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Brennan sobbed into his shoulder and found safety in his arms. She felt the loss of Mr. Vincent Nigel Murray and the injustice of his loss. She felt the fear and relief that it wasn't Booth who was killed. She felt the dread that as long as Broadsky was still out there no one was safe. She felt sad, sadder than she had ever felt. She allowed herself to feel the depth of her sadness and that was as much as she could bear. She cried for Vincent. She cried for Booth. She cried for herself. She cried for them all. She hadn't cried like that since she was fifteen.
Once she had cried herself out and gained her composure, she tried to pull away.
"Thank you," she said with her voice cracking. "I'm sorry. I didn't want to burden you. You have to catch Broadsky tomorrow. You need your sleep. I'll go back out to the couch."
He allowed her to sit up but didn't allow her to get up. He held her hand to keep her next to him. "You OK?" he asked sweetly brushing the last of her tears away with his thumb.
"Yes," she said bravely. "Thank you."
"That's why I'm here. That's why you're here."
She didn't quite understand but she nodded and smiled weakly at him.
He couldn't let her go. "We have lost so much, Bones," he went on searching her eyes.
She nodded still not understanding what he meant.
"We have lost so much time - being independent, being bitter, being impervious, being angry. Such a colossal waste of time. That's all Vincent wanted was more time and we have it. You and I – we have been given more time. If we learn nothing else from his death we should learn that time is precious and shouldn't be wasted. We only have a short time to walk this life - it shouldn't be squandered."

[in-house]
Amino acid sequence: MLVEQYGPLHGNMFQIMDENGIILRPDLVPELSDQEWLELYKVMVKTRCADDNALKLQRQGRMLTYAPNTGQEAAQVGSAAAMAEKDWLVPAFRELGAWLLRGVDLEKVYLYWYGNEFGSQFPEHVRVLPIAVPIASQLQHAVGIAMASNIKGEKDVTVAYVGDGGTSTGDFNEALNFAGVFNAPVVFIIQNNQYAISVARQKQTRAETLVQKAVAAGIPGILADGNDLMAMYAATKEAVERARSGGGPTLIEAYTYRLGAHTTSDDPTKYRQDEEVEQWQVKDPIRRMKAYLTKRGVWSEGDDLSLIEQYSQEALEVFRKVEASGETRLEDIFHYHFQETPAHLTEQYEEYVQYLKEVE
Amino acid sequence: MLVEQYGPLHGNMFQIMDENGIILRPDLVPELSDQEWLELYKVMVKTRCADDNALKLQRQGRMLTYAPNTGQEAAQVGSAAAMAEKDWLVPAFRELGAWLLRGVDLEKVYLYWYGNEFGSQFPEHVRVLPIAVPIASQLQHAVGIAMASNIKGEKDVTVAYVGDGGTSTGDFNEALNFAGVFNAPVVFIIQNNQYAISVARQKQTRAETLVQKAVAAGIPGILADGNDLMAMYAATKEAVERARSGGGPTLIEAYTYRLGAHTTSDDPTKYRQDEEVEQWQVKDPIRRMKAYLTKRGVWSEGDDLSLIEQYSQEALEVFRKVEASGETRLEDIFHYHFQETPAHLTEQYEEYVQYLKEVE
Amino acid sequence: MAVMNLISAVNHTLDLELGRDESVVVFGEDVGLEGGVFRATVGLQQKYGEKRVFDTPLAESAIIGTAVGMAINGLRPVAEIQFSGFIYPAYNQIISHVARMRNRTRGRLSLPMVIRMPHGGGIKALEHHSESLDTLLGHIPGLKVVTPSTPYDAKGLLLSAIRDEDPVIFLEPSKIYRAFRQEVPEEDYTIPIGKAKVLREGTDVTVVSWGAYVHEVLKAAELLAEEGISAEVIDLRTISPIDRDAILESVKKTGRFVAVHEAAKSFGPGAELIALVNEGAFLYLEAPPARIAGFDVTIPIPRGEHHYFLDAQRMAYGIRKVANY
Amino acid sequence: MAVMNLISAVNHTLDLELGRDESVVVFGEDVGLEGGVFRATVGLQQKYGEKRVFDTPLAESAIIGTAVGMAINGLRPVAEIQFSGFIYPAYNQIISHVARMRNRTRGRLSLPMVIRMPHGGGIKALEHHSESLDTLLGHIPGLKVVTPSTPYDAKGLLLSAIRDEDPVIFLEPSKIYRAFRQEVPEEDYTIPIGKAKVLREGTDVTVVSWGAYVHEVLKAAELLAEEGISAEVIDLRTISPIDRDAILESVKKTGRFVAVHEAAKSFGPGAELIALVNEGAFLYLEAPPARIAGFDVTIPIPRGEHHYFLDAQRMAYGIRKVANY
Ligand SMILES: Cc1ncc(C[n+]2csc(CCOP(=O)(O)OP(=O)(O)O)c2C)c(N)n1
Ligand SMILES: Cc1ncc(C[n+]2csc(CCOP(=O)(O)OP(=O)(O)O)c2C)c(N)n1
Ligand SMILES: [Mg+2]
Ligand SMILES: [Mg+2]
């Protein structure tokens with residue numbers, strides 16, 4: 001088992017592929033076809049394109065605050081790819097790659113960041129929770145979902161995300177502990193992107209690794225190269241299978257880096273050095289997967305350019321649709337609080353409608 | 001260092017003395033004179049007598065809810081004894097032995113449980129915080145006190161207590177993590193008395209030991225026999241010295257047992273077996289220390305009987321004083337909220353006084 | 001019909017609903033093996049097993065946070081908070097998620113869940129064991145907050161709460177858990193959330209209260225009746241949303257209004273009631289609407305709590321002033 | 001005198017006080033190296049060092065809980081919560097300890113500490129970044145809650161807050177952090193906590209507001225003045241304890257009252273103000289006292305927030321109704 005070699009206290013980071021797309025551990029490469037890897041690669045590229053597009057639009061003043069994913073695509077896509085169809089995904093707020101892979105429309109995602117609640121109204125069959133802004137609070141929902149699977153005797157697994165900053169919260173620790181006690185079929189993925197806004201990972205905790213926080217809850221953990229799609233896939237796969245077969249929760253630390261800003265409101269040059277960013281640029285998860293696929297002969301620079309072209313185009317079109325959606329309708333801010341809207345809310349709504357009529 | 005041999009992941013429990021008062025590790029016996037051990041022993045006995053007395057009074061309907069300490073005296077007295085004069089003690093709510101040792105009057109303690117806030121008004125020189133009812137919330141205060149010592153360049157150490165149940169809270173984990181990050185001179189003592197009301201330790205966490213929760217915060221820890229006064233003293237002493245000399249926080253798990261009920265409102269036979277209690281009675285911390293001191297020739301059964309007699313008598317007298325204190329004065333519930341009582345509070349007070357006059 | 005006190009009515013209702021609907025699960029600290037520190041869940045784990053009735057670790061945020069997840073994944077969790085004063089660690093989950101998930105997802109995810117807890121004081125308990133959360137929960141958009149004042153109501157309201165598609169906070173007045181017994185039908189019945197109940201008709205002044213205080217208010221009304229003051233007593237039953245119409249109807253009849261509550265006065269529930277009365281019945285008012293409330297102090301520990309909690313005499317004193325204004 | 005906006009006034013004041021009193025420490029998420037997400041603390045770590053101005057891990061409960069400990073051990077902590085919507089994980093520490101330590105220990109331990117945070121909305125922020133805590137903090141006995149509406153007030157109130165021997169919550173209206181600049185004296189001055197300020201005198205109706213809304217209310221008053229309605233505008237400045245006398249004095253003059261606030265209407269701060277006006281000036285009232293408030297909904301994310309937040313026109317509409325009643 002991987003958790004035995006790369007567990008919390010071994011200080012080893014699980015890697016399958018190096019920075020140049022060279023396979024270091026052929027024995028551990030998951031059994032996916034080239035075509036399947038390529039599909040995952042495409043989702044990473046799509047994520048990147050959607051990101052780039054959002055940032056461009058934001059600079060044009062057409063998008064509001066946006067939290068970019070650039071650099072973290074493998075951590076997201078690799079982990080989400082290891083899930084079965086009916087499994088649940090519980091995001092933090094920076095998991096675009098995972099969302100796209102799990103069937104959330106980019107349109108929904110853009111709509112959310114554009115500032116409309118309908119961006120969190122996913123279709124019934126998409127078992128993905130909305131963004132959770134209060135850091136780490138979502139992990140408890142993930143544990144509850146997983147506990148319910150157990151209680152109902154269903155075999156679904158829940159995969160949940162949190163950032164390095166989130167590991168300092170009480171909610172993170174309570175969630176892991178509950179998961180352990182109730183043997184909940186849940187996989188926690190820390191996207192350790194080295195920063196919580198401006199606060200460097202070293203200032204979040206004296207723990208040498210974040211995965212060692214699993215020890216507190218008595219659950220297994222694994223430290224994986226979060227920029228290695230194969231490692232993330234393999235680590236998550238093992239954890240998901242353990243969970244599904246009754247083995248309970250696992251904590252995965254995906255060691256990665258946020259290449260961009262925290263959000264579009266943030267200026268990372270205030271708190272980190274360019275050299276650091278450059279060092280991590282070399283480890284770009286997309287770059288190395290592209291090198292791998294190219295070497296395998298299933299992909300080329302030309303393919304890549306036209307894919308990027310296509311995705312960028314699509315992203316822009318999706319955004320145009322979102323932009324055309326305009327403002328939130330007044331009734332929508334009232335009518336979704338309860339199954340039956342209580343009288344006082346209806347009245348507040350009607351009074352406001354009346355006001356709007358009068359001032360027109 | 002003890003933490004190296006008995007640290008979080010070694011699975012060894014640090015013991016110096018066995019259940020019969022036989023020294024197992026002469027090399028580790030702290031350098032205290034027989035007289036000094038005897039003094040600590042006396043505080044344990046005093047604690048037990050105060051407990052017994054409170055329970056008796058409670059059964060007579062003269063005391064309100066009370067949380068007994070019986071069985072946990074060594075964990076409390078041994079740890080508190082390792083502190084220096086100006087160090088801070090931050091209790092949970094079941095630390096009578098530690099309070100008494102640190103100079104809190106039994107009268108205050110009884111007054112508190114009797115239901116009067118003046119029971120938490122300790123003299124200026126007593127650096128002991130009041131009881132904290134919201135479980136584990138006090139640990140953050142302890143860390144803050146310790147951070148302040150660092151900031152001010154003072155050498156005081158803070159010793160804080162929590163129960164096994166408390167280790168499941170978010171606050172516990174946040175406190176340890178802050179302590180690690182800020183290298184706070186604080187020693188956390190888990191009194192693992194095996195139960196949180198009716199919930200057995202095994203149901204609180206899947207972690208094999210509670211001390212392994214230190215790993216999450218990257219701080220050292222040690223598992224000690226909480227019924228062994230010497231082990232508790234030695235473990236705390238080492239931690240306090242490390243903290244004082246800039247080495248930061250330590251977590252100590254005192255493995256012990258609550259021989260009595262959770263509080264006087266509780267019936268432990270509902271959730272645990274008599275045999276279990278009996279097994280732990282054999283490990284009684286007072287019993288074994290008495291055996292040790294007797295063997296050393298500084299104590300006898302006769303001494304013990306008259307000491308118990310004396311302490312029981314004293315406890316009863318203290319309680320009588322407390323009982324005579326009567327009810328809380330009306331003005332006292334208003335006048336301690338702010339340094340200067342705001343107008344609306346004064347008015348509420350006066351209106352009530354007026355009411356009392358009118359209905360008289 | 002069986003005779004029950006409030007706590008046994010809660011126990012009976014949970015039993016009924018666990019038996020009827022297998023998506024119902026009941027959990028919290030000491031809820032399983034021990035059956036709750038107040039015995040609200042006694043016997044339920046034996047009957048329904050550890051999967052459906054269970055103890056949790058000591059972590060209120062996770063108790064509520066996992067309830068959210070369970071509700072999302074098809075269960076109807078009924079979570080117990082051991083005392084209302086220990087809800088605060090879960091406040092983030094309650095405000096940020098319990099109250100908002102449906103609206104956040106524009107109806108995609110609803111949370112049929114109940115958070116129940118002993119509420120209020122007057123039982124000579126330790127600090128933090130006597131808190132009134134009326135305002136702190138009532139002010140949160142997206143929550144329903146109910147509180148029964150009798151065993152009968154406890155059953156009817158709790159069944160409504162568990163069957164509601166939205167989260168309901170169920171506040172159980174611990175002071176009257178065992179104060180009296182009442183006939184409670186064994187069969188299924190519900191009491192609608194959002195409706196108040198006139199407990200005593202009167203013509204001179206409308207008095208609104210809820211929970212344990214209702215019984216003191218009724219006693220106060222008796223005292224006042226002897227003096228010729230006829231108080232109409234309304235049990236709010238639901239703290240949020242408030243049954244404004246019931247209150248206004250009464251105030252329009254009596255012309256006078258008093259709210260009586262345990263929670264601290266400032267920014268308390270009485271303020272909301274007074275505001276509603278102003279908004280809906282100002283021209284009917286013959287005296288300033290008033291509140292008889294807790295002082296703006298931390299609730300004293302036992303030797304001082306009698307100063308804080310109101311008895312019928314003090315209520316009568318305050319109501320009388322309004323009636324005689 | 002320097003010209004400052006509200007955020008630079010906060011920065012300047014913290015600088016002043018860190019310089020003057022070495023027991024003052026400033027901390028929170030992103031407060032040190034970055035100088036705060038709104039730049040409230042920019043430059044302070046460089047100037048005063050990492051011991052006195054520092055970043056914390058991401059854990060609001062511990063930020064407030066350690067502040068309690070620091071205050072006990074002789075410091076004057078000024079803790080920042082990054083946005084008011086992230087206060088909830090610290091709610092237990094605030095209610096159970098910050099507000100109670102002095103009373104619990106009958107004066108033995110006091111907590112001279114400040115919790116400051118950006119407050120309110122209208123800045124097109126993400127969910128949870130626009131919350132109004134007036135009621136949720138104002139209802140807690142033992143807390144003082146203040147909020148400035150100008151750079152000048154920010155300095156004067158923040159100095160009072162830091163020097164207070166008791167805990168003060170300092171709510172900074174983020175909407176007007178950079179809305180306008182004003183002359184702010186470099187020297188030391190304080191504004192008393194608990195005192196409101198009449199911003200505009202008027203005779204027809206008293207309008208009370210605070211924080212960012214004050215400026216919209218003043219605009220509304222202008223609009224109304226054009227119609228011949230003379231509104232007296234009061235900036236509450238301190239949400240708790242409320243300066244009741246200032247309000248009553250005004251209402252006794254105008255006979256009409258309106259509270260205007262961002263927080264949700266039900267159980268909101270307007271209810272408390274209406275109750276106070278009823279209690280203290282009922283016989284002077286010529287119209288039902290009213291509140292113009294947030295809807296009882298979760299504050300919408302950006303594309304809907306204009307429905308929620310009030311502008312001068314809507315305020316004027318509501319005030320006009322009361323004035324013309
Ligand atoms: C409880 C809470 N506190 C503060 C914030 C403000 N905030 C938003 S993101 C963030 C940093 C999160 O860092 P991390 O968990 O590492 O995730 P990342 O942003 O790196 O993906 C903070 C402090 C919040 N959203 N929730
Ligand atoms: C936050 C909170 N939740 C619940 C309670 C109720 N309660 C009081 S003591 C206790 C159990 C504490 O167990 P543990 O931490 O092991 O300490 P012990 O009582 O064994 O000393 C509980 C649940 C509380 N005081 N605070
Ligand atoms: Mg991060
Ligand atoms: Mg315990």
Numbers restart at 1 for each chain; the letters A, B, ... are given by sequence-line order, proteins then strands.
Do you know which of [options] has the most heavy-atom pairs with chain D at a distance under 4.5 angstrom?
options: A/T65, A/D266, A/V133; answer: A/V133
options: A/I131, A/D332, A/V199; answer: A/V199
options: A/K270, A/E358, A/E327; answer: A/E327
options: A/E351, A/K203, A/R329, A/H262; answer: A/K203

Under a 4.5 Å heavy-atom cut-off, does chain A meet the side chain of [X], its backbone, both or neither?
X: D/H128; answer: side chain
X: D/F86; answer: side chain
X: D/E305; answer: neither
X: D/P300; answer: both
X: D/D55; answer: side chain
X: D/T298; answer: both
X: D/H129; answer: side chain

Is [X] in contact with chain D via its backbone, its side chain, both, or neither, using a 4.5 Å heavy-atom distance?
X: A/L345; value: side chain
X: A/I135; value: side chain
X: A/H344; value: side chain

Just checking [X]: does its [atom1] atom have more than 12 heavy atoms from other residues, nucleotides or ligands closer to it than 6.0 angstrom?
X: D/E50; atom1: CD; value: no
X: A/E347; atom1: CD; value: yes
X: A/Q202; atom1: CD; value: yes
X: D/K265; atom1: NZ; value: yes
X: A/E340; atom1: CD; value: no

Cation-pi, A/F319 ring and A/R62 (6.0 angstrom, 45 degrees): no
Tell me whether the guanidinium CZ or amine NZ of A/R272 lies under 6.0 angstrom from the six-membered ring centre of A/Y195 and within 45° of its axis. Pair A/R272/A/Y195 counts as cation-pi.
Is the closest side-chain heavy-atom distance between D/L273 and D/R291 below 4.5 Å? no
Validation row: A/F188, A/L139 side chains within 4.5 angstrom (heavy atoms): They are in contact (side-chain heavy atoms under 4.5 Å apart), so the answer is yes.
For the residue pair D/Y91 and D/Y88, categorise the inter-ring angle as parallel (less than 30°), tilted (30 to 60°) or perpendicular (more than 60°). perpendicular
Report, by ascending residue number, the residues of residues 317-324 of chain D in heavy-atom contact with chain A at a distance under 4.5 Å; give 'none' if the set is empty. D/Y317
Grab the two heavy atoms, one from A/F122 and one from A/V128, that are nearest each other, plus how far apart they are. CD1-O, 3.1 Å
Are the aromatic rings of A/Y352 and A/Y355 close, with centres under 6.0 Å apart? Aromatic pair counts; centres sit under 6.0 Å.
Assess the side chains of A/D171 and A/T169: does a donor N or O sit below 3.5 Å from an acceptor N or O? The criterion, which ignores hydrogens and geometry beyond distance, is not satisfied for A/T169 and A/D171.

"Booth, I don't -." She had no idea what she was going to say but she didn't need to.
"I love you, Bones," he said calmly almost sadly. He was resigned to the truth of it. He shrugged his shoulder. "There it is - raw, naked honesty. I love you and I don't want to miss another moment with you."
"Booth?" She was still unclear.
"Do you love me?"
On that she was very clear. "Yes."
"That's all that matters."
"You know that's not true," she protested.
"That's all the matters right here, right now, in this room, with you and me just before dawn." He pulled her down to kiss her. He slipped her arm out of the way and rolled her on to her back deepening the kiss. "Too much wasted time," he mumbled into her neck. He pulled back to look into her soft eyes. "I'm not angry anymore," he admitted even though the tiny voice in his head screamed out that he needed that anger to kill Broadsky. "I'm not angry. I love you." He slipped his hand under the sweatshirt so he could feel her soft smooth skin.